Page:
Since this is the list-making time of year, allow me to add a tiny trophy to Al Gore's very full shelf: the prize for the most elegant speech of 2007.
I wasn't sure how the politician-turned-environmentalist fit the profile for a Nobel Peace Prize, but his acceptance speech connected the dots. "Without realizing it," Gore said, "we have begun to wage war on the Earth itself. Now, we and the Earth's climate are locked in a relationship familiar to war planners: mutually assured destruction."
How many Americans actually heard these words of war and peace? The coverage from Oslo was overshadowed by the coverage from Iowa. The presidential campaigns used up the oxygen that might have been reserved for the greenhouse gases.
The inconvenient truth of the 2008 election year is that climate change is still way down the dance card of most-talked-about topics. It's ranked number 12 among Democratic candidates, and number 15 among Republicans. Of the 2,275 questions on the Sunday morning talk shows, the League of Conservation Voters counted only three on global warming.
The environment has made little more than a cameo appearance on the campaign trail. Climate showed up in the last Iowa debate at the Tinker Bell moment when Republican candidates were asked to raise their hands if they believed climate change was a real threat and caused by human activity. It got a star turn in July when an animated snowman at the YouTube debate asked the Democrats if his little snow-son would live a "full and happy life."
From time to time, the candidates doff their carbon caps and calculate their carbon footprints. But the warming of the globe, the fact that the ice cap is "falling off of a cliff," as scientists say, doesn't heat up the campaign as much as paying for the education of an illegal immigrant.
Gore told the Nobel crowd, "We have everything we need to get started, save perhaps political will. " But, he added optimistically, "political will is a renewable resource." Will it get renewed?
When 187 countries met in Bali this month to form a climate change treaty, our country was booed and isolated. We refused to join other industrialized nations in guaranteeing cuts of greenhouse gas emissions. A frustrated man from Papua New Guinea finally told the Bush delegation, "If you cannot lead, leave it to the rest of us. Get out of the way."
It was at the last minute that our wrecking crew of delegates compromised on a meager road map. They agreed only to work for an agreement . . . by 2009. For the first time, industrial and developing countries are on the same path, but any real action has been kicked down that path.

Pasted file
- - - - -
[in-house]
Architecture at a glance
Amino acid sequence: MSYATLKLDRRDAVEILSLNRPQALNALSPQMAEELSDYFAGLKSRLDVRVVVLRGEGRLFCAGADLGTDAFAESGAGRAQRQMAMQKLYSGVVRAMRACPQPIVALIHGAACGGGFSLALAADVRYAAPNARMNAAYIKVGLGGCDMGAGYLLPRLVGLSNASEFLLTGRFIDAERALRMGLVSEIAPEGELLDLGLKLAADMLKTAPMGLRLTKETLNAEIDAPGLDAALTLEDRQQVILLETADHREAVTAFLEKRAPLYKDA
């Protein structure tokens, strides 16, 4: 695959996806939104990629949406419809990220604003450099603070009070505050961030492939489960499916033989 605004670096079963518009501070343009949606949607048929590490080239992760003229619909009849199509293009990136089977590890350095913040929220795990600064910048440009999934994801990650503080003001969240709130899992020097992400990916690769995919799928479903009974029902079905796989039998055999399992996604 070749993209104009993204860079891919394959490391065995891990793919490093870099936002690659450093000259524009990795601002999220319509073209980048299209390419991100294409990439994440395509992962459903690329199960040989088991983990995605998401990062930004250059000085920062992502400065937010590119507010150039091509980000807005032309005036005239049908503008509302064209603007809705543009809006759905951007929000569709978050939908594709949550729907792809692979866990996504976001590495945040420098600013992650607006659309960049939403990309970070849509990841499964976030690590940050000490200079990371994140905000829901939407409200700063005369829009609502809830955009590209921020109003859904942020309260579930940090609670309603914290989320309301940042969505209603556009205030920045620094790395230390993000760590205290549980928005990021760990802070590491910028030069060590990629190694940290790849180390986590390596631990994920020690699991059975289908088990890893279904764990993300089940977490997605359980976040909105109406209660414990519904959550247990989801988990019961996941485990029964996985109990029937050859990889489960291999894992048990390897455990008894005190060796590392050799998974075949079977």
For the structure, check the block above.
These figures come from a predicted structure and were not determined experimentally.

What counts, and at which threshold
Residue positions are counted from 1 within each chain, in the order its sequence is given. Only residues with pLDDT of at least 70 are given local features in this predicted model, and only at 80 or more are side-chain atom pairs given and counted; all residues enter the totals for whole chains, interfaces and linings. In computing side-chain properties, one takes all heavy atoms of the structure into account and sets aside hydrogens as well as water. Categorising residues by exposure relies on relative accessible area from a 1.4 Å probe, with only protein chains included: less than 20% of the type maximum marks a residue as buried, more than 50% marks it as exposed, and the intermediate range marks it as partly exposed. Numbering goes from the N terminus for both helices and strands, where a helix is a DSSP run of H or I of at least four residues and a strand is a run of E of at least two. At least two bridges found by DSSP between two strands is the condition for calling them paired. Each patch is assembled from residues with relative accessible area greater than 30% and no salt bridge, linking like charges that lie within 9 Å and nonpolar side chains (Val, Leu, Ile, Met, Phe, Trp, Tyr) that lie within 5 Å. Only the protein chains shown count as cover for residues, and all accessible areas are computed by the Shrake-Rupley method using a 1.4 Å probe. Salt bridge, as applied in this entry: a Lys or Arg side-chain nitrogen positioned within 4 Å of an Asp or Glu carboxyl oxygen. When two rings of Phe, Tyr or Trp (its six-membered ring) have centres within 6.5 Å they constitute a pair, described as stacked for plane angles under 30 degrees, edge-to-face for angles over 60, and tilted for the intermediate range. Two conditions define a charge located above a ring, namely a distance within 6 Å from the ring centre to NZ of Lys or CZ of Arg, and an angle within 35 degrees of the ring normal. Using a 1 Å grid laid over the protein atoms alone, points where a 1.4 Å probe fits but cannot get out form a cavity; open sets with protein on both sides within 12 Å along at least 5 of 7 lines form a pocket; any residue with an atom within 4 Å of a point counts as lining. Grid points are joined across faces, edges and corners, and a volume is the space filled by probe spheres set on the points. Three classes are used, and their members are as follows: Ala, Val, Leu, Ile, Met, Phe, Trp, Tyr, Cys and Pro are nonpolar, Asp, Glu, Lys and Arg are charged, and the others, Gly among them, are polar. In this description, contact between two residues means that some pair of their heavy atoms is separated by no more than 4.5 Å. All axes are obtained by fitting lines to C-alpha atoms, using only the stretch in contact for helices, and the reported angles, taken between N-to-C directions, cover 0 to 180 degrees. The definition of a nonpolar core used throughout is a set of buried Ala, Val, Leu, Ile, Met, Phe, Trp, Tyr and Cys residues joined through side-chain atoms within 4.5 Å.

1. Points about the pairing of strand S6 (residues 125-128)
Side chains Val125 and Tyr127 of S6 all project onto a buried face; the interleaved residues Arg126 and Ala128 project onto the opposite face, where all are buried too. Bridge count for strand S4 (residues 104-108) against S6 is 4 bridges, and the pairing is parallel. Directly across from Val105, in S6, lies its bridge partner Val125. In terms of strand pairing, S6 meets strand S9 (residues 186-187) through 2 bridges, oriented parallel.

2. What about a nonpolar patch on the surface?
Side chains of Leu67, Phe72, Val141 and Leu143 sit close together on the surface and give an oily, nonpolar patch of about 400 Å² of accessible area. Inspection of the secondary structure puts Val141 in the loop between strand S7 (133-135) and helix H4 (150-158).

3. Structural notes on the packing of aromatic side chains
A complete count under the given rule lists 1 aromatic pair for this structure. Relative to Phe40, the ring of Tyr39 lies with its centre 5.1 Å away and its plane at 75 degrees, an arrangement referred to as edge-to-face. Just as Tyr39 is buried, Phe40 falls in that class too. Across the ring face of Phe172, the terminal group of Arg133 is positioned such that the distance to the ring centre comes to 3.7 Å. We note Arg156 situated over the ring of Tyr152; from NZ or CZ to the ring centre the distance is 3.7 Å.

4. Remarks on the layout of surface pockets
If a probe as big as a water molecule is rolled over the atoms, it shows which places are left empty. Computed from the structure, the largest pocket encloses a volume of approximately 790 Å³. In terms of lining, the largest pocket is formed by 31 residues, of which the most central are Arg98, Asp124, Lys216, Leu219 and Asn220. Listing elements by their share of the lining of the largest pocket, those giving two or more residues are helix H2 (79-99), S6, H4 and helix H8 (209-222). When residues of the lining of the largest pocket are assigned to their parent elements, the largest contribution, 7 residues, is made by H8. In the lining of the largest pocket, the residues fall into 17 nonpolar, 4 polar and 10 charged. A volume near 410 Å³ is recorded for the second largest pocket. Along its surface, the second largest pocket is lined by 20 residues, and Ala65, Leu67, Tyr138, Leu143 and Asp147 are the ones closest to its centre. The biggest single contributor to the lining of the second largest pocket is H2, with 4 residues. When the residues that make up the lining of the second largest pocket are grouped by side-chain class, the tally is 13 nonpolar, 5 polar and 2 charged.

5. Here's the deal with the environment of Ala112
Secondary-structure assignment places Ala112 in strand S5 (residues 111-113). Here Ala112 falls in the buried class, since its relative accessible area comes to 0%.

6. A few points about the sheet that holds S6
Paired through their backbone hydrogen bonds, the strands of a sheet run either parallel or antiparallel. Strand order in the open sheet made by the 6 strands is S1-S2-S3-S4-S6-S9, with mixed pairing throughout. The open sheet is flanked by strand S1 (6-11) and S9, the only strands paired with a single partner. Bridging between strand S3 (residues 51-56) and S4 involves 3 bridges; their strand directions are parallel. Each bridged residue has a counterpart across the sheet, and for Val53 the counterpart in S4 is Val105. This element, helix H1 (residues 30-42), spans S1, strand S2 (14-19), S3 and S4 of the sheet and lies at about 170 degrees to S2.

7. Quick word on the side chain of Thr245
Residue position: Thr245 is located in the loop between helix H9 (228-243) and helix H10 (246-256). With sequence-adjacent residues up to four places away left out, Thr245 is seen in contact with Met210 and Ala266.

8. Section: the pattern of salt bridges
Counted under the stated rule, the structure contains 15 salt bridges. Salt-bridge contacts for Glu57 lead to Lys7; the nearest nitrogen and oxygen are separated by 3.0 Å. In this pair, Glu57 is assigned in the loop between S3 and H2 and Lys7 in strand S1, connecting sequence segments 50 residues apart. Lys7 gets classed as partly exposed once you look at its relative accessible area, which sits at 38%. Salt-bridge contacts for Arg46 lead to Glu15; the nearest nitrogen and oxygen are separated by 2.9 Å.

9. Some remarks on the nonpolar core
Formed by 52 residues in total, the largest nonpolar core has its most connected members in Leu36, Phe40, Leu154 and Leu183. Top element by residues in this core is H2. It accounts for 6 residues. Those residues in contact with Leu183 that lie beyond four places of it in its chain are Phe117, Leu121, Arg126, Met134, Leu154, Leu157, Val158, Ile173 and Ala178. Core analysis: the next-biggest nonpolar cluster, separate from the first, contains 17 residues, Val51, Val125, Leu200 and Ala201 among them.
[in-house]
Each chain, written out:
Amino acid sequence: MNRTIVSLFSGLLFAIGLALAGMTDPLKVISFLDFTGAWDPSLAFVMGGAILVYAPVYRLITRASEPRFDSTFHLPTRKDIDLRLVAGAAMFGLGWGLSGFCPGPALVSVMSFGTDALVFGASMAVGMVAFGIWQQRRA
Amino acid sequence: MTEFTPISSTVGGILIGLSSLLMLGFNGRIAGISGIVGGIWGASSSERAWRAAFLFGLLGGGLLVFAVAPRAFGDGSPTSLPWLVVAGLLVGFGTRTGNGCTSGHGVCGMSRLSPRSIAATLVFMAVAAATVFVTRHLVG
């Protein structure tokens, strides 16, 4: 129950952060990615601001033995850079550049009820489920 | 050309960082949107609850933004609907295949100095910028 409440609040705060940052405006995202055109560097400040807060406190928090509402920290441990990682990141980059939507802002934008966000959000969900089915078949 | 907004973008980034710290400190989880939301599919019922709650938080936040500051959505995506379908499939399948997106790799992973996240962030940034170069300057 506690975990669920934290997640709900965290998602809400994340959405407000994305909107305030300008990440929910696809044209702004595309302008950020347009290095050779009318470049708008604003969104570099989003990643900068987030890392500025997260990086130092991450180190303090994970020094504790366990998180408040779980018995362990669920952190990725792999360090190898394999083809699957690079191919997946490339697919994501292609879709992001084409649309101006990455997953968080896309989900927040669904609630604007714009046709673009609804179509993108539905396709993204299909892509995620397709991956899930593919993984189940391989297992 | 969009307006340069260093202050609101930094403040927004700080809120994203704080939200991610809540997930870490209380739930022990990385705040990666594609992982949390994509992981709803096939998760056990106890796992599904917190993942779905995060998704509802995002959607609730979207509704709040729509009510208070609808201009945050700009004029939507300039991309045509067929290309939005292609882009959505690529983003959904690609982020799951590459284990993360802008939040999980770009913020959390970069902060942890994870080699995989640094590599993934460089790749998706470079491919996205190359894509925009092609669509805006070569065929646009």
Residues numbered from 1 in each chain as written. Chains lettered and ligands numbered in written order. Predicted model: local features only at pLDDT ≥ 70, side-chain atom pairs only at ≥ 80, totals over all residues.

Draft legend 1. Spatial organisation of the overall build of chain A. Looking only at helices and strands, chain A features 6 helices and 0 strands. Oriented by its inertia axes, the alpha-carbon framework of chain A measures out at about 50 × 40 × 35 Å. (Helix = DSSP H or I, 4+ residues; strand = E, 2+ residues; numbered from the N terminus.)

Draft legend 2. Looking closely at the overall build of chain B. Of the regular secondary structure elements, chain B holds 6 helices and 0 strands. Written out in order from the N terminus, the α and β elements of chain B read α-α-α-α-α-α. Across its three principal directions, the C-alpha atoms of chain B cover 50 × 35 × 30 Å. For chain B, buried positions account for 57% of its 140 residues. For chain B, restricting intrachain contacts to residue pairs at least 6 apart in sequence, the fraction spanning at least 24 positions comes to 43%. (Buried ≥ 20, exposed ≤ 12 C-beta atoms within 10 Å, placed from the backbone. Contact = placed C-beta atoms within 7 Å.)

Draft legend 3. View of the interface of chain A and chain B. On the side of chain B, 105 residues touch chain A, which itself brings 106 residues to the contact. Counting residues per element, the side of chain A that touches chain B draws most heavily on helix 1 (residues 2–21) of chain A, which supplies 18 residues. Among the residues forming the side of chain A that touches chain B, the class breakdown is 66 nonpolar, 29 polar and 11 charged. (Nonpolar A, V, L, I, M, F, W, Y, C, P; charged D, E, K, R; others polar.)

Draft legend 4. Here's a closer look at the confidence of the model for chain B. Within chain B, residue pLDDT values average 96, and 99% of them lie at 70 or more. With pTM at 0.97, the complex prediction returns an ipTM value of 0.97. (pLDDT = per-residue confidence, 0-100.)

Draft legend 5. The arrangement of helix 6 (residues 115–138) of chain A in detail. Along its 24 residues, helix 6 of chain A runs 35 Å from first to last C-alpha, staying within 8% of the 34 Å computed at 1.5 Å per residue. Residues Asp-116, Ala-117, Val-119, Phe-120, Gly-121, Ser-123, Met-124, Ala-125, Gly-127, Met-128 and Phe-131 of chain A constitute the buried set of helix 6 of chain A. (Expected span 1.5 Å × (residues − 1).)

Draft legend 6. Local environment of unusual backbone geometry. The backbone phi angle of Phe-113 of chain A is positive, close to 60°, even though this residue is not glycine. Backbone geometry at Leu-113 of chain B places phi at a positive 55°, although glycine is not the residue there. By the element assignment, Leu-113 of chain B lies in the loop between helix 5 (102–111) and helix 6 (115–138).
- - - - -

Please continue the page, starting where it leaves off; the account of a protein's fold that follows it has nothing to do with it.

Today America remains the leading producer of one product: greenhouse gases. Congress finally passed an energy bill that will raise fuel standards for cars to 35 miles a gallon by 2020. After 30 years of stalling, we are moving into first gear, too little and maybe too late. Meanwhile, the EPA just denied the more ambitious attempts by California and other states to control emissions. Political will as a renewable resource?
This Christmas we had a national anxiety attack about unsafe toys. Eighty percent of our toys are made in China. But what is more dangerous for our children, the lead paint in some Chinese factories or the fact that China's emissions may soon surpass our own? What's worse, that we are China's biggest customer or their worst role model?
Meanwhile, did you have a green Xmas? A blizzard of faux environmentalism coated the holidays. The upscale Barneys store touted "sensationally sustainable swag" and "orgasmic organic denim." We were told we can shop to save the world, consume to sustain the Earth. Or maybe you got a ticket for the new, hip "tourism of doom." Go see Mount Kilimanjaro while there is still a snowflake, and the Arctic while there is still a polar bear.
In 2007, consciousness rose with the thermostat. Scientists layered one set of facts on another. Gore wrapped these facts into an attention-grabbing movie. After Bali, the world's leaders are just waiting for this presidency to pass. But we are still waiting for the renewable energy to fuel election-year politics.
On the day Gore spoke to the Nobel audience, he said, "we dumped another 70 million tons of global-warming pollution into the thin shell of atmosphere surrounding our planet, as if it were an open sewer . . . We are what is wrong, and we must make it right."
I still have a stack of greeting cards wishing Peace on Earth. Is it too corny to wish that we begin the new year making Peace with the Earth?
Ellen Goodman's e-mail address is email@example.com.
© Copyright 2007 Globe Newspaper Company